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12 Dec 2002 : Column 482Wcontinued
Ms Walley: To ask the Secretary of State for the Home Department if he will place in the Library the contract with Annes Gate Property plc to supply timber for the building work at 2 Marsham Street. 
Beverley Hughes: A copy of the relevant sections of the contract between the Home Office and Annes Gate Property plc has been placed in the Library.
Mr. Burstow: To ask the Secretary of State for the Home Department if he will make a statement on the proposal in the Cabinet Office report, XPrivate Action, Public Benefit", that charities with an annual income of under #10,000 would no longer be able to call themselves registered charities. 
Beverley Hughes [holding answer 9 December 2002]: The Cabinet Office report, XPrivate Action, Public Benefit", was published on 25 September 2002. Its 61 recommendations set out a package of measures which aim to modernise the law and enable a wide range of organisations to be more effective and innovative.
One of the recommendations is that the threshold for compulsory regulation with the Charity Commission should be raised from those organisations with an annual income of #1,000 to those with an annual income of #10,000. Currently, active monitoring by the Commission applies only to those charities with an annual income of #10,000 or more.
The report recommends that the threshold for registration and the threshold where active monitoring kicks in should logically be one and the same. This would result in two-thirds of charities being released from the bureaucratic burden of registration, and is entirely in line with this Government's, emphasis on deregulation.
I can understand the concern that being unable to describe an organisation as a registered charity may have an effect on public confidence. In fact, the report recognises this, and a further recommendation is that all charities below the new registration threshold should have the status of 'Small Charities'. This would also allow tax repayment claims to the Inland Revenue to continue, and for funders to treat 'Small Charities' in the same way as registered charities.
Of course, at the moment these are only proposals. The report is out for consultation until 31 December 2002, and we shall consider the responses to this, and all the other matters addressed in the report, very carefully.
Ms Shipley: To ask the Secretary of State for the Home Department what plans he has to revise the notification requirements for Schedule One offenders.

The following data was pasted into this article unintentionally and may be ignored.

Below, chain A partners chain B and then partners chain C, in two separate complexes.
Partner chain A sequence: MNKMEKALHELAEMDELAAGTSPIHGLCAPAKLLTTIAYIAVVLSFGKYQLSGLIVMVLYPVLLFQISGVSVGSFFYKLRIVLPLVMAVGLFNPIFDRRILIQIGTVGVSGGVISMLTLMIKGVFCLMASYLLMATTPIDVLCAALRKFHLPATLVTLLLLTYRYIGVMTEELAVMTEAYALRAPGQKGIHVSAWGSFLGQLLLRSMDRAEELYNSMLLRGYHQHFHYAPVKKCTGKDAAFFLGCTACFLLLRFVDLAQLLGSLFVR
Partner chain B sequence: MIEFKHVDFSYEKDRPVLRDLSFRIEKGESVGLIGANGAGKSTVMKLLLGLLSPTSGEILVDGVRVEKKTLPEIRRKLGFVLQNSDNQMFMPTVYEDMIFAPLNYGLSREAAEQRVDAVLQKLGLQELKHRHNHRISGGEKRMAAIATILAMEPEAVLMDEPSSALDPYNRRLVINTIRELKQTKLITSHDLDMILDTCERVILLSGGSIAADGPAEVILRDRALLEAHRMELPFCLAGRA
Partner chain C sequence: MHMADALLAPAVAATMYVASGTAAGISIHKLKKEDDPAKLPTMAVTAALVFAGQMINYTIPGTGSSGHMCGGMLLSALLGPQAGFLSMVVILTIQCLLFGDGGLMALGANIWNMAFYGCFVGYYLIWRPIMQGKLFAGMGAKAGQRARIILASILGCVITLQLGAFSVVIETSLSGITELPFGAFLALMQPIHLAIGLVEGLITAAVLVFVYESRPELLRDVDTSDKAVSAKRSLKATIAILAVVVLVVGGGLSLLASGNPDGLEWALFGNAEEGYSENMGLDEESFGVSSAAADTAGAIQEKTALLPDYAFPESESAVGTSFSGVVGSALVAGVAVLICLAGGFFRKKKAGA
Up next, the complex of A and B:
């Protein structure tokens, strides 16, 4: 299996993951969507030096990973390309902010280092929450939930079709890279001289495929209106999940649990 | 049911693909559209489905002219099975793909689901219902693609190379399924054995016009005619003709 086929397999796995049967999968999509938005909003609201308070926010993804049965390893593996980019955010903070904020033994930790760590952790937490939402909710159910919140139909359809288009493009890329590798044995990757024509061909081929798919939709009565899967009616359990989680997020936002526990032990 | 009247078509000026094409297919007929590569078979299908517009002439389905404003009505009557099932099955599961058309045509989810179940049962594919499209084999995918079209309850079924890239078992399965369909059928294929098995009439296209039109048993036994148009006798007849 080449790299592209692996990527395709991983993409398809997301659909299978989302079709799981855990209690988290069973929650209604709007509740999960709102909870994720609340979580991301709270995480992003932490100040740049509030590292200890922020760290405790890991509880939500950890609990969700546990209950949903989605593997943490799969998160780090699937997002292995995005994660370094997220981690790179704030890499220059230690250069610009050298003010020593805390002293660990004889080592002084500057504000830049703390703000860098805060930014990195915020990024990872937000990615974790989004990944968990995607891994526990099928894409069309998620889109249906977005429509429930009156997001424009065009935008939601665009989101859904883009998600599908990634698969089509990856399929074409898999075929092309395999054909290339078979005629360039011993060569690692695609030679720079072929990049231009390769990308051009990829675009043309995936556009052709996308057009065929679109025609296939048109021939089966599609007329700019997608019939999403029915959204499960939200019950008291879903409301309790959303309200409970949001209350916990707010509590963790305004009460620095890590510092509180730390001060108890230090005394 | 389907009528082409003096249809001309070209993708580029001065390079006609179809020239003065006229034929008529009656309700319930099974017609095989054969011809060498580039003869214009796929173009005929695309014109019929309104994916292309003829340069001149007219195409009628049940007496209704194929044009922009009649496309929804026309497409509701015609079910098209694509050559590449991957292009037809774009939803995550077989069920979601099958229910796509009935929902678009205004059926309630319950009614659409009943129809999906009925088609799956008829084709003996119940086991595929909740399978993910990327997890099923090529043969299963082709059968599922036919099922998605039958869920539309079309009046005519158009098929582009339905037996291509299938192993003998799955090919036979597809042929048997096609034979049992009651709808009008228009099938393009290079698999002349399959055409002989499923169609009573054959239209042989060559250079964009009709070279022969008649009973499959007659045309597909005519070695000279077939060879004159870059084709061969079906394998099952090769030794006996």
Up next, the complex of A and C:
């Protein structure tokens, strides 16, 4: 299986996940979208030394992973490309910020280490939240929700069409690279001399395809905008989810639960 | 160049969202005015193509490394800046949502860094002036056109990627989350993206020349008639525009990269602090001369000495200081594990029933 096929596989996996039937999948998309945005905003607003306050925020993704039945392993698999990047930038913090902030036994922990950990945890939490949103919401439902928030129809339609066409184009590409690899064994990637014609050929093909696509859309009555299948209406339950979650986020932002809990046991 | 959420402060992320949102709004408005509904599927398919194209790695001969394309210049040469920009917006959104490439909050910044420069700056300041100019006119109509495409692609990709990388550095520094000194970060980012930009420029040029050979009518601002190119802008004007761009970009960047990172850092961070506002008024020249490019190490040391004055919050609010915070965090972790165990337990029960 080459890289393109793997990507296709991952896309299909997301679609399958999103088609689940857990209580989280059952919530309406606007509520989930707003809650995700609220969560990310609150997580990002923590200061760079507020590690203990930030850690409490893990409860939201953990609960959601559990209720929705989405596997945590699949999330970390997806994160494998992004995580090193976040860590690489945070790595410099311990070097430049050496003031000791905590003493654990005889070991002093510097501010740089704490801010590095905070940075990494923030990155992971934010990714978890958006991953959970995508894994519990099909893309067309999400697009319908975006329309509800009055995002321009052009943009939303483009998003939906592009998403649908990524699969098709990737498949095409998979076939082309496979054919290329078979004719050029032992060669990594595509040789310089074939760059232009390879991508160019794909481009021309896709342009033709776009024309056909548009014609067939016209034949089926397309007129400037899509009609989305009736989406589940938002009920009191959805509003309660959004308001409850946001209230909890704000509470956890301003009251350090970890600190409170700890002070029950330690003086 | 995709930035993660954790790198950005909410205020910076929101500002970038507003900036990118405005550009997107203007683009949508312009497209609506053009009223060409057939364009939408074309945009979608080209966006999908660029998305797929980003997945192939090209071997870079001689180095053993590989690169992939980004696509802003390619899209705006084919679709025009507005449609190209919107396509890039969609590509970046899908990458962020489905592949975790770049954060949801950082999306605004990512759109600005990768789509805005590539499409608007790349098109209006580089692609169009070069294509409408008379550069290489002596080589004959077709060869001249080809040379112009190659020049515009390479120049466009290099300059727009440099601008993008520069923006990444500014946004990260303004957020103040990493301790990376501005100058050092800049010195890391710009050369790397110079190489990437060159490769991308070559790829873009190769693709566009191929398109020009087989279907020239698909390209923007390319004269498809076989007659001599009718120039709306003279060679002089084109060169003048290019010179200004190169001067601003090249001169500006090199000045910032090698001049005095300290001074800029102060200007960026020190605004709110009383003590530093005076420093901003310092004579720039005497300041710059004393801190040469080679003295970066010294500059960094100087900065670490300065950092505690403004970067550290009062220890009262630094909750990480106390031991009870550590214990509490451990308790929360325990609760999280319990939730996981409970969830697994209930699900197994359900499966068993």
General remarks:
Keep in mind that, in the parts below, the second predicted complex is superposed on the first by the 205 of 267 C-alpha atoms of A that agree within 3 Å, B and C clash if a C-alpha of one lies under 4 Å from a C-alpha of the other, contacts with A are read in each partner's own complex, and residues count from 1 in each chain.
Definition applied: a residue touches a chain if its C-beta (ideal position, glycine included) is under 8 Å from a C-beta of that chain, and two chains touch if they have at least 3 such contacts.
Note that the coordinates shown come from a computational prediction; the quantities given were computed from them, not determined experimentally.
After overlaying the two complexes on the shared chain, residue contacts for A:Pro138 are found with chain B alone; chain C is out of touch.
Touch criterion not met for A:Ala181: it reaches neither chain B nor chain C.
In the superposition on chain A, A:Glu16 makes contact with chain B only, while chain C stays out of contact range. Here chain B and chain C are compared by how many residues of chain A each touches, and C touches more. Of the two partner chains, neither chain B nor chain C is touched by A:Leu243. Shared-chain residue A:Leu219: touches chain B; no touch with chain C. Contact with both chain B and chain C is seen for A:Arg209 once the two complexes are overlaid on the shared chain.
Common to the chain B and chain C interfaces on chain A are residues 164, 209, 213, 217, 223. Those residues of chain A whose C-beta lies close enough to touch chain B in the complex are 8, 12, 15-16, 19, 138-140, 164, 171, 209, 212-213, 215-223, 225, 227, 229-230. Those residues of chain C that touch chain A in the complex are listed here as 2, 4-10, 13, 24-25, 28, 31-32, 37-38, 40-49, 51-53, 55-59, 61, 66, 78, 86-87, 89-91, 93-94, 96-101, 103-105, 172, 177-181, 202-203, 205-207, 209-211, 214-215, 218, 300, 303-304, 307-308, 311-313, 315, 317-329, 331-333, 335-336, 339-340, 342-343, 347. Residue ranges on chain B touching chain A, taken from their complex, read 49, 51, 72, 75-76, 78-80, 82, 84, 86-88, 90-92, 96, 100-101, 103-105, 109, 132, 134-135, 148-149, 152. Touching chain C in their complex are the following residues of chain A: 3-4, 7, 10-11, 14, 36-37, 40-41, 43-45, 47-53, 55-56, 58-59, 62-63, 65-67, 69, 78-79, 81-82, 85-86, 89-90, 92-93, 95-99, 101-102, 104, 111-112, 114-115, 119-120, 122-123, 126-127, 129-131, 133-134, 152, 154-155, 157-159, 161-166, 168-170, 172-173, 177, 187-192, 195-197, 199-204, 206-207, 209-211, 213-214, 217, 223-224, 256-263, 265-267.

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Hilary Benn: The Government's intention to bring forward a Sexual Offences Bill during this session was announced in the Queen's Speech on 19 November; we published a command paper, 'Protecting the Public', setting out our proposals. In relation to the notification requirements on sex offenders, these include:
a new order to make those convicted of sex offences overseas register their details when they come to the UK;
a reduction in the period of time an offender can spend at an address other than his main home before he is required to notify the police of the address. This will be reduced from 14 days to seven days;
a reduction in the period within which a sex offender must notify the police of change of name or address from 14 days to three days; and
a new requirement on offenders to provide their national insurance details when registering. This will make it easier to identify and find those offenders who try to evade the registration requirements.
Mr. Streeter: To ask the Secretary of State for the Home Department if all drug treatment programmes supported by the updated drug strategy have the aim of ending the use of (a) illegal drugs and (b) prescription methadone and diamorphine where prescribed, by individuals undergoing treatment. 
Mr. Bob Ainsworth: The clear message from the updated drug strategy is that drug misuse is illegal and will remain so. All controlled drugs are dangerous and nobody should take them. The focus of the updated drug strategy remains to reduce and end the use of illegal drugs.